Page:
Beyond Birdoswald, Hadrian’s Wall rather peters out as far as the modern visitor is concerned. It continued mostly as a turf wall across the farmland of modern Cumberland until it comes to Carlisle. Here there was a major fort lying to the north of Carlisle across the river at Stanwix, which has been partially explored. At Carlisle itself there was a major Roman settlement, indeed it may have been the formal Roman town of Luguvalium where a lot of work has been done recently both along the Lanes, which have been redeveloped as a modern shopping centre and in the forecourt of the great castle itself
The wall then continues for 5 further miles ending at Bowness-on-Solway. Here there is little to see but there is a tradition that when the pilgrims reach Bowness, they pilgrims take off their shoes and socks and walk down over the sands to paddle in the sea.
This however is not the end. The Solway Firth is not all that wide and the intrepid barbarians could get on their boats and land on the coast. The Romans therefore erected a line of defences along the Cumberland coast. There was no wall but a number of mile castles which archaeologists have called mile fortlets to distinguish them from the mile castles on the wall, with two turrets between them. The system was worked out largely by Richard Bellhouse, who was a veterinary surgeon whose job it was to inspect all the farms in the area. And being an amateur archaeologist, in inspecting the farms he discovered the Roman defensive system.
There is one major fort at Maryport. The fort itself has been preserved and the line of the defences are clear to see, but the fort has never been excavated.
To the north however there was an extensive civilian settlement, where there was a mystery. In the 18th and 19th centuries, numerous altars were dug up. They were all to Jupiter Optimus Maximus – the great Jupiter. And it appears that a new altar had been erected every year and dedicated by the commandant of the fort, but was then abandoned.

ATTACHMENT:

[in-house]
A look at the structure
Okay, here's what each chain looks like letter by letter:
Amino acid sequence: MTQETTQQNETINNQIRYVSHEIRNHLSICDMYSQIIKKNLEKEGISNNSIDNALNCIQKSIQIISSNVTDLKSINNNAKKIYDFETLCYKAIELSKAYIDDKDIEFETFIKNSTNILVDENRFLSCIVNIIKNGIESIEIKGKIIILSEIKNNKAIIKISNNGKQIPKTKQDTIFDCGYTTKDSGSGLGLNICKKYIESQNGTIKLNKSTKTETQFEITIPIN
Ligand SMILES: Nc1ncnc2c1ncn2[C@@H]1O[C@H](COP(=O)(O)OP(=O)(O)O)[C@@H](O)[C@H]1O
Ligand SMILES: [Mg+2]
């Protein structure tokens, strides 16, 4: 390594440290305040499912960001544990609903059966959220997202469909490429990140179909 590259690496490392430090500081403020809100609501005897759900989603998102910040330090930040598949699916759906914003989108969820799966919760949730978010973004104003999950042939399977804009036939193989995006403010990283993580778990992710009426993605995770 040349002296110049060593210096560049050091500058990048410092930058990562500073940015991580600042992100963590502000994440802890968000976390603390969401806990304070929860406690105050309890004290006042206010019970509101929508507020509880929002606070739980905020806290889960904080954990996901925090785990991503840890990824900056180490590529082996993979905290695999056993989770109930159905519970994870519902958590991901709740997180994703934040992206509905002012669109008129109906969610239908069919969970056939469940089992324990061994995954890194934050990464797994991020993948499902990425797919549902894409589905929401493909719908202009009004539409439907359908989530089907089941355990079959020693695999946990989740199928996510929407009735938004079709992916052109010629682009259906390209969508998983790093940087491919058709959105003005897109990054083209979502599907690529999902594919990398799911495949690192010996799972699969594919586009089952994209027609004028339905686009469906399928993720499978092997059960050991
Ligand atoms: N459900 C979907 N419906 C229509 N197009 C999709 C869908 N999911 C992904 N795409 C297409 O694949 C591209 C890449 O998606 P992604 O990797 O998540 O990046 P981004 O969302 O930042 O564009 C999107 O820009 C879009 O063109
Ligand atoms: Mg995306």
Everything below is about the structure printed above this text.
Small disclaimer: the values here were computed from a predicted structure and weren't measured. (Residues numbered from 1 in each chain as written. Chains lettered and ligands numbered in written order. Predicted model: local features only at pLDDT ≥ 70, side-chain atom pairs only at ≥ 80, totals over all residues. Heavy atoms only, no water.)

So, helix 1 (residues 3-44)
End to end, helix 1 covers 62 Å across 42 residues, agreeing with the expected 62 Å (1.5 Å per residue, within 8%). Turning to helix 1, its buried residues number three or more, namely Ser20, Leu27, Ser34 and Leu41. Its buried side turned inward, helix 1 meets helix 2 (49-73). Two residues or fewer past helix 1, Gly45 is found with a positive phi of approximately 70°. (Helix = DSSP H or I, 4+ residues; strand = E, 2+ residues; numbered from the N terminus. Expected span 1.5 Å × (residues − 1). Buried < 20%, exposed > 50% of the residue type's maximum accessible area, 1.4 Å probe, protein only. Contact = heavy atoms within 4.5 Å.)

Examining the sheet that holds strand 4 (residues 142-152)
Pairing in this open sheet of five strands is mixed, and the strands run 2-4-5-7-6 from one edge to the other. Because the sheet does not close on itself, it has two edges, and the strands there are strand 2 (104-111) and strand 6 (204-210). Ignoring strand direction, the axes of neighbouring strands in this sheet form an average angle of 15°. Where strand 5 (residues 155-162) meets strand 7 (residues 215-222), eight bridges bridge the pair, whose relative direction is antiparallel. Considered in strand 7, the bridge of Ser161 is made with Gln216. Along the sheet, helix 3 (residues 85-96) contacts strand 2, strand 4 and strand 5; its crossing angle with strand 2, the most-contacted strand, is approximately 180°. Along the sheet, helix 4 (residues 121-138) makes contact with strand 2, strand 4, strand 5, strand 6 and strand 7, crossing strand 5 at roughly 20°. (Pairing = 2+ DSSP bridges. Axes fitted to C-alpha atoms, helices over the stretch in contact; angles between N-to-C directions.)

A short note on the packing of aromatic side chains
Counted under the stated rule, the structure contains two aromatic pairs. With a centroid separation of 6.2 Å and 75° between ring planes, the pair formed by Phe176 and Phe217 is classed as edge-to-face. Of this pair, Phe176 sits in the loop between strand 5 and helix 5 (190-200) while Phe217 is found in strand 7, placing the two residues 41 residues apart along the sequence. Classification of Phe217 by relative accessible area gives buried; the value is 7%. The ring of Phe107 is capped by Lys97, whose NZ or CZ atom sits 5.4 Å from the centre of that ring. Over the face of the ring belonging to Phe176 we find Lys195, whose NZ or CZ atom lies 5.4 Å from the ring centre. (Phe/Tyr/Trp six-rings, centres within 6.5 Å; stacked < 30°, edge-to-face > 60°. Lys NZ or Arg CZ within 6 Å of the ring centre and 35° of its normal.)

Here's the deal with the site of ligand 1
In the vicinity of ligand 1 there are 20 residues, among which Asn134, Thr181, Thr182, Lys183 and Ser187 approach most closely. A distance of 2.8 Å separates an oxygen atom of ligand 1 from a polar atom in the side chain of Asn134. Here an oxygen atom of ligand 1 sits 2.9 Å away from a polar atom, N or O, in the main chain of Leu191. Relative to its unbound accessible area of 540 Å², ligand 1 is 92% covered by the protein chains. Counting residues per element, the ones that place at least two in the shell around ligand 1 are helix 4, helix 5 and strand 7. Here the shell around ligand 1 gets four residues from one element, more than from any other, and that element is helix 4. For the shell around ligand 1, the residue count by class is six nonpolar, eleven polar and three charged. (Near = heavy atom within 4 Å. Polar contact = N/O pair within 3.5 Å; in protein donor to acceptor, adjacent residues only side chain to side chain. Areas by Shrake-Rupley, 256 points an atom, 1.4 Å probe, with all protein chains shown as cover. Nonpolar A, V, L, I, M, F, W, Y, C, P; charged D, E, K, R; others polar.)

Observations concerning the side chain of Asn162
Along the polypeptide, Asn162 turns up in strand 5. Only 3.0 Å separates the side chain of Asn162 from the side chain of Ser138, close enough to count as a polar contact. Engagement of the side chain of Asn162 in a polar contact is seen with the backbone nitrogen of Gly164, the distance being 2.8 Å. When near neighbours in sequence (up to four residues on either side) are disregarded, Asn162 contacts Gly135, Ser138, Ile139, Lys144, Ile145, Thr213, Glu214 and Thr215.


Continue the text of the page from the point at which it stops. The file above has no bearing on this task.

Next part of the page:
Recently the pits in which they were discovered have been re-excavated and have been shown that they were not originally to contain the altars, but had been dug out in the late Roman period where they formed the base of a large timber building and the altars had been used simply as convenient packing stones.
The altars however and other archaeological stones were collected by the Senhouse family, the local landowners and stored at their country house. When this was burnt down, the stones were removed to a new museum at Maryport. This was originally a Victorian Naval battery in a fine position overlooking the sea, but this has been transformed into the Senhouse Museum and is one of the finest collections of Roman carved stone in the North, but in a rather remote situation. It is well worth visiting, as indeed is Maryport itself which was built as a new town in the 1750s and flourished at first as an iron making centre. It then collapsed and is only now beginning to revive as an interesting town with a fine museum.